We carried our groceries back on foot, or through public transit (of course we all helped for that).

    I loved my childhood.

  22. #22
    Velocipedic Practitioner
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    While there are some that live car-free due to economics, for many it is a choice. When making a choice, one has to look at the benefits and consequences of each option. Living car-free has its rewards, but it also has its costs. One can not pursue car-free living if maintaining a car-needed lifestyle. It is not simply a matter of tossing away the car keys and merely substituting the bike for the car. Living car-free requires lifestyle adjustments. The key is how much of a lifestyle adjustment is one willing to make. If one chooses to be involved in numerous activities that require covering long distances and tight schedules, then car-free is probably not for them. If one chooses to concentrate more on neighborhood or home oriented activities, then maybe car-free would work. If one wants to live in the big yard, suburban home zoned long distances away from work or shopping destinations, living car-free would be much more difficult. If one chooses to live in a denser neighborhood closer to town, shopping, or public transit, again car-free may be a viable option. For some, perhaps most, the adjustments of living car-free are not worth the benefits. For others, living car-free is a sense of new-found freedom. Like some others on here, I do not have much tolerance for excuses disguised as reasons why one can not live car free, such as taking kids to after school activities, etc. They are lifestyle choices that largely inhibit living car-free. But they are lifestyle choices just as valid as those that choose other lifestyles more conducive to living without automobile ownership. It is a matter of choice, and one choice is no more legitimate than the other.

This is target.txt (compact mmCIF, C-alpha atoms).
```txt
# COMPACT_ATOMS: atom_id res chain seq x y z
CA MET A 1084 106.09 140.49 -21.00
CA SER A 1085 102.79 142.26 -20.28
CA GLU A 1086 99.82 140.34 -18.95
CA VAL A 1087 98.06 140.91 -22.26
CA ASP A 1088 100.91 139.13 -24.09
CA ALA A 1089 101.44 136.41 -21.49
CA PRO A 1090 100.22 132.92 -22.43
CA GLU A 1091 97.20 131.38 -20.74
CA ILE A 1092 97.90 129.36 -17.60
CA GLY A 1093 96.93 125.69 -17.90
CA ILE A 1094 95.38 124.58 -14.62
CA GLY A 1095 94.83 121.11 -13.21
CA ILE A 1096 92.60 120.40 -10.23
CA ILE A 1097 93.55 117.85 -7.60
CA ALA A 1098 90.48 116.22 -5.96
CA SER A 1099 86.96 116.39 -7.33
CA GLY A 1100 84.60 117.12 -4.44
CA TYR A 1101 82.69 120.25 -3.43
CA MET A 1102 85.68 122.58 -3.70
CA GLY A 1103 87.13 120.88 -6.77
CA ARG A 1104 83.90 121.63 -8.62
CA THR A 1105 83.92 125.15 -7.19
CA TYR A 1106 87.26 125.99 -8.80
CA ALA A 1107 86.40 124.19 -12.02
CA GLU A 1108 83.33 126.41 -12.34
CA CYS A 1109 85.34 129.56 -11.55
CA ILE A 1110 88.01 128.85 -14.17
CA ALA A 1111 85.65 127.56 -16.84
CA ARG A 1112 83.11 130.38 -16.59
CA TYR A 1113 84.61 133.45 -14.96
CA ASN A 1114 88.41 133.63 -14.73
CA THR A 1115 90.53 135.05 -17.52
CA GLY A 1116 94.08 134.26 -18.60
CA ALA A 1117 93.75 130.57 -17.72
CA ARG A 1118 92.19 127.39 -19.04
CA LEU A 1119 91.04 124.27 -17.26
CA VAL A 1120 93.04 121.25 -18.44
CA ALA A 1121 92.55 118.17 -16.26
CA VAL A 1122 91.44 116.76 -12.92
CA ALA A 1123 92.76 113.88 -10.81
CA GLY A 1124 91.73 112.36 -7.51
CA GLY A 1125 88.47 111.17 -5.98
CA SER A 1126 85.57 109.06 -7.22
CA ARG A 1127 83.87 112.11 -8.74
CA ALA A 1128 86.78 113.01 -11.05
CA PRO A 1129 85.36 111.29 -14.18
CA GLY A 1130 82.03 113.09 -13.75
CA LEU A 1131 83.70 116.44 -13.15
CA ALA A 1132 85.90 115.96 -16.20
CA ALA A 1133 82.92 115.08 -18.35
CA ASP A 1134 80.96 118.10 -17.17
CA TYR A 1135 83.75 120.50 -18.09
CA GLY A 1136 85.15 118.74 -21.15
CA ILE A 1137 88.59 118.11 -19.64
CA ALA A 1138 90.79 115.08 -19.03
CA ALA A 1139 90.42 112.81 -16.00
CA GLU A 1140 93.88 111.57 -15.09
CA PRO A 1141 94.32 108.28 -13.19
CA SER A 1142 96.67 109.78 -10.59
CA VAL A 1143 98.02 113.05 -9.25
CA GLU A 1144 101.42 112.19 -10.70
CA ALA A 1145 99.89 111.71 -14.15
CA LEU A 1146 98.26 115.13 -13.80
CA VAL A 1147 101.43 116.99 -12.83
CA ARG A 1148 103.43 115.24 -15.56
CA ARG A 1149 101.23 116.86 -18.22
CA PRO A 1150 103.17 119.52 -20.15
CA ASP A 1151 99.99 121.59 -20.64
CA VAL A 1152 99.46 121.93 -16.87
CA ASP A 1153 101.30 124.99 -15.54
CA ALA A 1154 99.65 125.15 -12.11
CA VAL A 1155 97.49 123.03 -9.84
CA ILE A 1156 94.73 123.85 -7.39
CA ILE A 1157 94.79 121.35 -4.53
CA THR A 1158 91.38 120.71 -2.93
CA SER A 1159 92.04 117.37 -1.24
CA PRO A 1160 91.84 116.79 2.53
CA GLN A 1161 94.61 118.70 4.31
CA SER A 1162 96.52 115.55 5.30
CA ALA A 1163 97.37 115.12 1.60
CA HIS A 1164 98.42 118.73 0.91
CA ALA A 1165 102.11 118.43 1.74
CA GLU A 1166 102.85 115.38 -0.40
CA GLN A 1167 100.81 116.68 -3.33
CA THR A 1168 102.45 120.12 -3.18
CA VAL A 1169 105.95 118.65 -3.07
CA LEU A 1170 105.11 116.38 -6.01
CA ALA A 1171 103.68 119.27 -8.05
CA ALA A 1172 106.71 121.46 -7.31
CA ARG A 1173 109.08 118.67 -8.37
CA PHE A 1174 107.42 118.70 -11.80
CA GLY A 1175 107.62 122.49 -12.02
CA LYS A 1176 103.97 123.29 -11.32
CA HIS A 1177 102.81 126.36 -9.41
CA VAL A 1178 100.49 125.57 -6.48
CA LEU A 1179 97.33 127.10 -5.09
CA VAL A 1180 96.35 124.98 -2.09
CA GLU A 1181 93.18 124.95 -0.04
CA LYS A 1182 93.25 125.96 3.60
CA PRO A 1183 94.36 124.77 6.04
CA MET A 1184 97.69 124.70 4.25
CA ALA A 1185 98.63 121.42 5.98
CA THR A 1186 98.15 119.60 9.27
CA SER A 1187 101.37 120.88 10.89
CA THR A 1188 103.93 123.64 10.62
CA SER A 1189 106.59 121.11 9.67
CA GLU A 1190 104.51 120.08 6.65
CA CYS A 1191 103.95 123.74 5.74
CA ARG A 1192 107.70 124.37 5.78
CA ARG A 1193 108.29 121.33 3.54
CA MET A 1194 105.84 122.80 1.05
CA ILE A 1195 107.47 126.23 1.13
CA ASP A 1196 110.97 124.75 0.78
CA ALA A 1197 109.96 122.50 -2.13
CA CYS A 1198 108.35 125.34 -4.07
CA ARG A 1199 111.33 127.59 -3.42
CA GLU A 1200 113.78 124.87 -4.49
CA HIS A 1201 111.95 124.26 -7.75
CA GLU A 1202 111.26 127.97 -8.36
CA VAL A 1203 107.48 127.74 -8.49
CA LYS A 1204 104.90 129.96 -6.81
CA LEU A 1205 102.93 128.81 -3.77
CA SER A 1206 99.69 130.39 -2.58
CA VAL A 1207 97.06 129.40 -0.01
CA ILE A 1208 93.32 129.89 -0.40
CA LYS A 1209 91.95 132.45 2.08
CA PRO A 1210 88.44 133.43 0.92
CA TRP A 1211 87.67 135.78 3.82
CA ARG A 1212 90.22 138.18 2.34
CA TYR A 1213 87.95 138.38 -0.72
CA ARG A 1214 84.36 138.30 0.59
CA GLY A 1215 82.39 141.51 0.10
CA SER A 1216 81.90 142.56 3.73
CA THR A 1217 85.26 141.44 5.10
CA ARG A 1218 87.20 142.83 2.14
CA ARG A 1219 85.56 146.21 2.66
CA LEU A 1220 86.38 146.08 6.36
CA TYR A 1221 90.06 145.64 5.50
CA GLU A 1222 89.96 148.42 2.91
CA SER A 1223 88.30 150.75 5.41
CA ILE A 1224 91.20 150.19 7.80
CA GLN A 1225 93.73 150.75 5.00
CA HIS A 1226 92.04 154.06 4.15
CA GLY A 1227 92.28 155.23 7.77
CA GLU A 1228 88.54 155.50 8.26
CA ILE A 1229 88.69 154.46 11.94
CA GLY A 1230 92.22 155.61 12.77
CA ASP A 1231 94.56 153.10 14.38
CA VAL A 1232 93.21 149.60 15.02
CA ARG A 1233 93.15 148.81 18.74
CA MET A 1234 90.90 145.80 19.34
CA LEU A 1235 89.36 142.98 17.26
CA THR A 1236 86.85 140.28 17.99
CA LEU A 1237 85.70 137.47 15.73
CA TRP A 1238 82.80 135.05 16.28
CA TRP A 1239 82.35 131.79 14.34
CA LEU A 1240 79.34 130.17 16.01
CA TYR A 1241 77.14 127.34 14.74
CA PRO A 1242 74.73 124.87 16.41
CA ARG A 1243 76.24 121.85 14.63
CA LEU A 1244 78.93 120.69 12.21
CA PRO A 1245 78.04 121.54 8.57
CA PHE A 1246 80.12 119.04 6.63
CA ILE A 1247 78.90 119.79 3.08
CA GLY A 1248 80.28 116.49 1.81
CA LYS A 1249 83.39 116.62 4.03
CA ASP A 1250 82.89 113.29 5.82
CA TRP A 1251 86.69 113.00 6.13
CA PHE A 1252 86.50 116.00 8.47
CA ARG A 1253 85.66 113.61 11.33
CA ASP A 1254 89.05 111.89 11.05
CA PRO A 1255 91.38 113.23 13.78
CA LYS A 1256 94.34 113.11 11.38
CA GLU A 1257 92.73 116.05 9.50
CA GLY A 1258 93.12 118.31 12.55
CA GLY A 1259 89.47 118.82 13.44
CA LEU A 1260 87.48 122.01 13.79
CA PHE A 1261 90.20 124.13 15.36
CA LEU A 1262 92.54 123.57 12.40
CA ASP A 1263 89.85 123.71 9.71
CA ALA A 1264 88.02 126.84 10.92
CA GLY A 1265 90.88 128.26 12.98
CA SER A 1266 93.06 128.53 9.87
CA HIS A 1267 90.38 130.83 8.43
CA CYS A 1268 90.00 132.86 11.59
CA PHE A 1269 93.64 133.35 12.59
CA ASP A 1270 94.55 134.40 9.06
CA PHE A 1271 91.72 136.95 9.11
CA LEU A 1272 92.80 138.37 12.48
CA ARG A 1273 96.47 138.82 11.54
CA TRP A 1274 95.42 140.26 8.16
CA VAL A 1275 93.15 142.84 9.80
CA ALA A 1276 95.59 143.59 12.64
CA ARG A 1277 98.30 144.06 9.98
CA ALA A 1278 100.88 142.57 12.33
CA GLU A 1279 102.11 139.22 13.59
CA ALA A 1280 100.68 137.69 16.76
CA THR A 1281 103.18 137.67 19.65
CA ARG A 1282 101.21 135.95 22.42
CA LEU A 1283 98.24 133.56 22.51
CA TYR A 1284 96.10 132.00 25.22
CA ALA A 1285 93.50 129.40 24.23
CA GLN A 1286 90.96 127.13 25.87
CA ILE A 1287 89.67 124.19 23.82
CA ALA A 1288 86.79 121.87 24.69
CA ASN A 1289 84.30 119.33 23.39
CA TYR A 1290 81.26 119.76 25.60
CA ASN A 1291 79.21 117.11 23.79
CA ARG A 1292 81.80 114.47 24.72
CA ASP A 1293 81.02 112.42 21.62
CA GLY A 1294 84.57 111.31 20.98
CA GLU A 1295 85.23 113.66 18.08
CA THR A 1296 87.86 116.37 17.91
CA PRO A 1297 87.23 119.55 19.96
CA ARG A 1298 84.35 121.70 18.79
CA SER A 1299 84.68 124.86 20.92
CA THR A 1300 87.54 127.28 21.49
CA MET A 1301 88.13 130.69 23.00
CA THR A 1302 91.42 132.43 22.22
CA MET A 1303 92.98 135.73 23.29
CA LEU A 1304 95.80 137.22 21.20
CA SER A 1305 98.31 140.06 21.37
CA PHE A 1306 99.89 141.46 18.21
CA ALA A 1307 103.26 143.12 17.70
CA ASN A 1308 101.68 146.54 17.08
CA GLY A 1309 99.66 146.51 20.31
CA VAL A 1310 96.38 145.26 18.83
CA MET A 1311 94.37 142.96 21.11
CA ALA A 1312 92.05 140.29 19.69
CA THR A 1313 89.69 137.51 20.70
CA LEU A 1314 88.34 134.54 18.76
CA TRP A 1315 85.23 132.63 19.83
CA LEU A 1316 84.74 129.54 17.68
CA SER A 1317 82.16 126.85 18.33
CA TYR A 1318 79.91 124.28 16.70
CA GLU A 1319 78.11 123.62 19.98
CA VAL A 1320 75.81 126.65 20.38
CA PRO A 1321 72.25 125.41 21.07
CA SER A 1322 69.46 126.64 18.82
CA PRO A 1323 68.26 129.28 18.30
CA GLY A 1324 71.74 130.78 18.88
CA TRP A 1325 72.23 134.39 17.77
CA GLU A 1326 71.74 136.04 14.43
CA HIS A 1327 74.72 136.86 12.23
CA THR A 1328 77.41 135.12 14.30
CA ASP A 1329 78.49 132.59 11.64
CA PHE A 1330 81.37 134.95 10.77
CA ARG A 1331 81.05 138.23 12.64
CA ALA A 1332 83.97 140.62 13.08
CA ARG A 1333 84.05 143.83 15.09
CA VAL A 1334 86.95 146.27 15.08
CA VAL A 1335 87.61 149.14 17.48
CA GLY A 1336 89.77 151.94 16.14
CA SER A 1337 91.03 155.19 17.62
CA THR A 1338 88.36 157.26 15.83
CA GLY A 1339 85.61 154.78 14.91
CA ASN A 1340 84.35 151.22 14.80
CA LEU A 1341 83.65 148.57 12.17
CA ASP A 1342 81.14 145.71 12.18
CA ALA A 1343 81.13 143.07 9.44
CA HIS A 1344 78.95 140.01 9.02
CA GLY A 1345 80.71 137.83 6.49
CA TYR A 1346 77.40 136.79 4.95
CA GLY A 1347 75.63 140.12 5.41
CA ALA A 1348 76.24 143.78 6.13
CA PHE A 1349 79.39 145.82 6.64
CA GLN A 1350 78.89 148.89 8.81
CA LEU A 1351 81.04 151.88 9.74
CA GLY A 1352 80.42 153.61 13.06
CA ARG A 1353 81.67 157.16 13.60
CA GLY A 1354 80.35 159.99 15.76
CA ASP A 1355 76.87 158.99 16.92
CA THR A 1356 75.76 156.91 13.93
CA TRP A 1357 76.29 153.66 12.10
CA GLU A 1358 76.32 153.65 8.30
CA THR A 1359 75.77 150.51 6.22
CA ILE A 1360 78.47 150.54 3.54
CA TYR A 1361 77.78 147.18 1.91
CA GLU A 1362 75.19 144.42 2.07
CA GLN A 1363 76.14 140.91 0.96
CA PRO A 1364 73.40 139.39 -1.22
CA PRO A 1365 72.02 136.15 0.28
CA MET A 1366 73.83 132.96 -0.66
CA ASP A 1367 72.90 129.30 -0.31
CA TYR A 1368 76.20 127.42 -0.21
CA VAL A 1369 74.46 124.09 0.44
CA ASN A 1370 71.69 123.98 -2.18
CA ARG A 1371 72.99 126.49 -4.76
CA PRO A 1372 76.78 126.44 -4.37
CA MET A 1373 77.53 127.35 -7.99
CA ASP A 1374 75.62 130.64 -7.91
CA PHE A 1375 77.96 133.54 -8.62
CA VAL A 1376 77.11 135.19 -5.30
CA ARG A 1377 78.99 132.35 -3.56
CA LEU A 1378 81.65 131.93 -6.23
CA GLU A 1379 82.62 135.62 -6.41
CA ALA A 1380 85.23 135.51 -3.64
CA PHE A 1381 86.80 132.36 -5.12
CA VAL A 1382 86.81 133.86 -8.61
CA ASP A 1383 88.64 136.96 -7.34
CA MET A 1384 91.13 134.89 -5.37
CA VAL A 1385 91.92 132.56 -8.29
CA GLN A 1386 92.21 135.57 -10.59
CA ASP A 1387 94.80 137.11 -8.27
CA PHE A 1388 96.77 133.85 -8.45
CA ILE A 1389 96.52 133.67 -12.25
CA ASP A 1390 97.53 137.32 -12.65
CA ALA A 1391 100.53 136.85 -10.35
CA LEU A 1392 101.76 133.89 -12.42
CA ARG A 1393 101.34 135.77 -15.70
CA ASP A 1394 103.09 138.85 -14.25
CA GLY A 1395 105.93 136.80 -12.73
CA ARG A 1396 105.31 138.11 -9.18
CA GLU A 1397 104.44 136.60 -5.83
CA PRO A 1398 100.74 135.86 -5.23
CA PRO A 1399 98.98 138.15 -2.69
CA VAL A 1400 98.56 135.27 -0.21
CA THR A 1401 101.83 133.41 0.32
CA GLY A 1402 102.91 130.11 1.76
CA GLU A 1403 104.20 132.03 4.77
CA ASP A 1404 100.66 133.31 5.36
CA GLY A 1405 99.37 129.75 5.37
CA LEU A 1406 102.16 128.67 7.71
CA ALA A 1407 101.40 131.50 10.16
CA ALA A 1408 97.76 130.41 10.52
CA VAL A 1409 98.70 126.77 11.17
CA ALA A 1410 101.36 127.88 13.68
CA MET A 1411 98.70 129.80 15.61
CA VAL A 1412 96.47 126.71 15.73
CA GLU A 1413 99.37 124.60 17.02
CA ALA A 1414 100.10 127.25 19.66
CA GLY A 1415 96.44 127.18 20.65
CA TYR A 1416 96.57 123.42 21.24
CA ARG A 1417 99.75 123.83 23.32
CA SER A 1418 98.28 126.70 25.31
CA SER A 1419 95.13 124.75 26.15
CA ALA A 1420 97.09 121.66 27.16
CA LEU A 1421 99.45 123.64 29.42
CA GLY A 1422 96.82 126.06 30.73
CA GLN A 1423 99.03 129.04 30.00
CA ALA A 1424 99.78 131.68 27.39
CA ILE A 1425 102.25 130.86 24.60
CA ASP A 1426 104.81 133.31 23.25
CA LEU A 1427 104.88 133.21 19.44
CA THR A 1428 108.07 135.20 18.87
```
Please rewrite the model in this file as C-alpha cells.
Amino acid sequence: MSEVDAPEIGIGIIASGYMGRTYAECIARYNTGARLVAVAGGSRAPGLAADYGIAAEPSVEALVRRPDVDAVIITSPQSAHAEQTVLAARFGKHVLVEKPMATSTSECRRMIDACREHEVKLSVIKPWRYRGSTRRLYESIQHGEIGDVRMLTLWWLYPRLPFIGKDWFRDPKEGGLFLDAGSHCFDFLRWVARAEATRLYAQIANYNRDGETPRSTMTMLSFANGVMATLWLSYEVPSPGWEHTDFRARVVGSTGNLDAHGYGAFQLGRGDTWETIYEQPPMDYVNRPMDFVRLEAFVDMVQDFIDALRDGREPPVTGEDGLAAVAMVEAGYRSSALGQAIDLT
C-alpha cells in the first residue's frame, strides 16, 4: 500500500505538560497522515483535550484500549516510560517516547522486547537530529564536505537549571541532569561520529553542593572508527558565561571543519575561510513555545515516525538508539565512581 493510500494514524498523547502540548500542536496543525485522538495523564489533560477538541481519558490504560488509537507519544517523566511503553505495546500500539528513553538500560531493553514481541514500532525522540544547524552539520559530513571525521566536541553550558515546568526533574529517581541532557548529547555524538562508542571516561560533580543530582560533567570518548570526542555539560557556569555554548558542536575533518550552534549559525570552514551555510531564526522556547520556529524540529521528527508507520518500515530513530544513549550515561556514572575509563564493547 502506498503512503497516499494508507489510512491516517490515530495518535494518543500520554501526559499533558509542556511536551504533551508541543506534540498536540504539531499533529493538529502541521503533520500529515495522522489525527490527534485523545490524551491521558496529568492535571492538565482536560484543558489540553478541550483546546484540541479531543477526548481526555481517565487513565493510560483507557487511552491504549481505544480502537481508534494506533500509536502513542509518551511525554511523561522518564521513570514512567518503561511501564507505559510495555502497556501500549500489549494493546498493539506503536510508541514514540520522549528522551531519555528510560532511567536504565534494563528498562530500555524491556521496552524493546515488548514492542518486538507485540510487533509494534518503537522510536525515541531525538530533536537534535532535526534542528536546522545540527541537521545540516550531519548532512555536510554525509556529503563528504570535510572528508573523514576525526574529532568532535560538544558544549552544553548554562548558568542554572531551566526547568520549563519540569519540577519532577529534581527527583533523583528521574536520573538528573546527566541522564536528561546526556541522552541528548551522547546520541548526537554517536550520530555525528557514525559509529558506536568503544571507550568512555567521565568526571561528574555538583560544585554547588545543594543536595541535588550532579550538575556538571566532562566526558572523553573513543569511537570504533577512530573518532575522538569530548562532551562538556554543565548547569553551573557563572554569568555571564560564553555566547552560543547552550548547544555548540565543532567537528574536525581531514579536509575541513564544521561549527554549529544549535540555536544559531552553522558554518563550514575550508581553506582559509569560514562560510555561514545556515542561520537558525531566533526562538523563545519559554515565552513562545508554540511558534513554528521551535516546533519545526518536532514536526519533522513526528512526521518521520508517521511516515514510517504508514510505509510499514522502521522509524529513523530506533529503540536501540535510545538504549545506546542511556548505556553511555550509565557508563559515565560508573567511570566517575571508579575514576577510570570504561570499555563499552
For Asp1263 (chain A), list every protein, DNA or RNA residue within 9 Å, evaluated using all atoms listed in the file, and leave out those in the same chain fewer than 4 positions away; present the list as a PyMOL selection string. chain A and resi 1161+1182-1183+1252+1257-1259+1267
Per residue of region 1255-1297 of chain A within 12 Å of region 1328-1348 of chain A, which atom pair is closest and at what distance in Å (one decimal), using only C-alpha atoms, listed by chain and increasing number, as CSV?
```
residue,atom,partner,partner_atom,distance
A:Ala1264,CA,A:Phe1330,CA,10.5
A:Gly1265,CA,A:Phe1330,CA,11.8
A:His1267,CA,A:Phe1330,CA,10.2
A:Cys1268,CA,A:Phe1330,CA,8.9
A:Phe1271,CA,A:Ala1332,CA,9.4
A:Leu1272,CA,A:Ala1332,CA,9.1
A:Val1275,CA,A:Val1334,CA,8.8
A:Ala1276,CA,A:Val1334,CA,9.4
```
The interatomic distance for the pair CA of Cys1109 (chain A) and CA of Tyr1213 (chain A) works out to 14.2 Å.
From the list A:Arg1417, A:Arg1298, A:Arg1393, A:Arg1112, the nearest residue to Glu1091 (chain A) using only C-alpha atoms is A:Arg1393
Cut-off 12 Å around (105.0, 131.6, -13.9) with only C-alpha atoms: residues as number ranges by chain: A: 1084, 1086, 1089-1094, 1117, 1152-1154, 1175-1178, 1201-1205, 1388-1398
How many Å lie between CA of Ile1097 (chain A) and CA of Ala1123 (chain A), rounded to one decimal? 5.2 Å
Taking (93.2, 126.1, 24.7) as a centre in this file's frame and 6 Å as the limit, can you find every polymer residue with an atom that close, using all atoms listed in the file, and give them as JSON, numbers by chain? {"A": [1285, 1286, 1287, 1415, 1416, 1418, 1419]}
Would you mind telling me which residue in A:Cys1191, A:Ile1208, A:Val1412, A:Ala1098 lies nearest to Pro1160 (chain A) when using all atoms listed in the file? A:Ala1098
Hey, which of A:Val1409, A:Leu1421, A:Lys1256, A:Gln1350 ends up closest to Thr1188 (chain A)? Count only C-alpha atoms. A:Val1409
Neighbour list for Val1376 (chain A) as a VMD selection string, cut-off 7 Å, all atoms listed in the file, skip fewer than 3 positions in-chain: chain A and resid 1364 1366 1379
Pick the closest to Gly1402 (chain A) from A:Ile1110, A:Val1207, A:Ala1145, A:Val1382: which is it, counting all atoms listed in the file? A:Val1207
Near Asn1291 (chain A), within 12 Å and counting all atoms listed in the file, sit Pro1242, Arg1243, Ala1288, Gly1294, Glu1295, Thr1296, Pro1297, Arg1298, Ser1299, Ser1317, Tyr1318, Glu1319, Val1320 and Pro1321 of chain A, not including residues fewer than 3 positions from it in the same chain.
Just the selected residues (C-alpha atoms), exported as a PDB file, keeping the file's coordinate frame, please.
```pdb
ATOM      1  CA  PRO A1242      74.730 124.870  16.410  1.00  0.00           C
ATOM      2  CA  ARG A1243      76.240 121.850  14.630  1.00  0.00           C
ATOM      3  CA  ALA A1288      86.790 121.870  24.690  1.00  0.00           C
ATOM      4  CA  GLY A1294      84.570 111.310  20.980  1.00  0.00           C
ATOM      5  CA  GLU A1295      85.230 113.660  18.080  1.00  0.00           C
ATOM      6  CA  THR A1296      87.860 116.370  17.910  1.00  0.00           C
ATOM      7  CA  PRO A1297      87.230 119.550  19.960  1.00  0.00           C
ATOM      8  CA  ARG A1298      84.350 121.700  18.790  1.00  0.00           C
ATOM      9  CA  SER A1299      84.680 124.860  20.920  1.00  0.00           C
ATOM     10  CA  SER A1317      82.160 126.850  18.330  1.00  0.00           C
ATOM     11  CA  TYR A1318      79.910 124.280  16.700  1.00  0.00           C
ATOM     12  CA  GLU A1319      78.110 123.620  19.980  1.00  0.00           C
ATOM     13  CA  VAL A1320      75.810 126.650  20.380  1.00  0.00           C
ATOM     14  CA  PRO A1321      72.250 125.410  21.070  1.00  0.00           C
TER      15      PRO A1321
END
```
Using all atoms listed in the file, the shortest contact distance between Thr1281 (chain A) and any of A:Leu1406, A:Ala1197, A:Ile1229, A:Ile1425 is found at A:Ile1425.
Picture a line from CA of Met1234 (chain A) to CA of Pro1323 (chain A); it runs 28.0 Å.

Sometimes I think there is a misperception between being car-free and car dependent. To me, living car free does not mean being independent of cars, only of car ownership. The vast majority of my monthly routine is easily accomplished without a car, so the expense of purchase and maintenance of a car is not worth it. However, I have access to a car on the odd occasion when I need one. I figure I have the best of both worlds, and I wouldn't change a thing.
    I am personally not so concerned with people living car-free as with living less car dependent. I know many, many people who routinely ride bikes 50-100 miles for training purposes. However, they hop into the SUV to drive two miles to pick up a video or buy some stamps, tasks easily accomplished by bike and probably just as quick in the urban environment where they live.
    Other forms of transportation grow daily more nightmarish. Only the bicycle remains pure in heart. - Iris Murdoch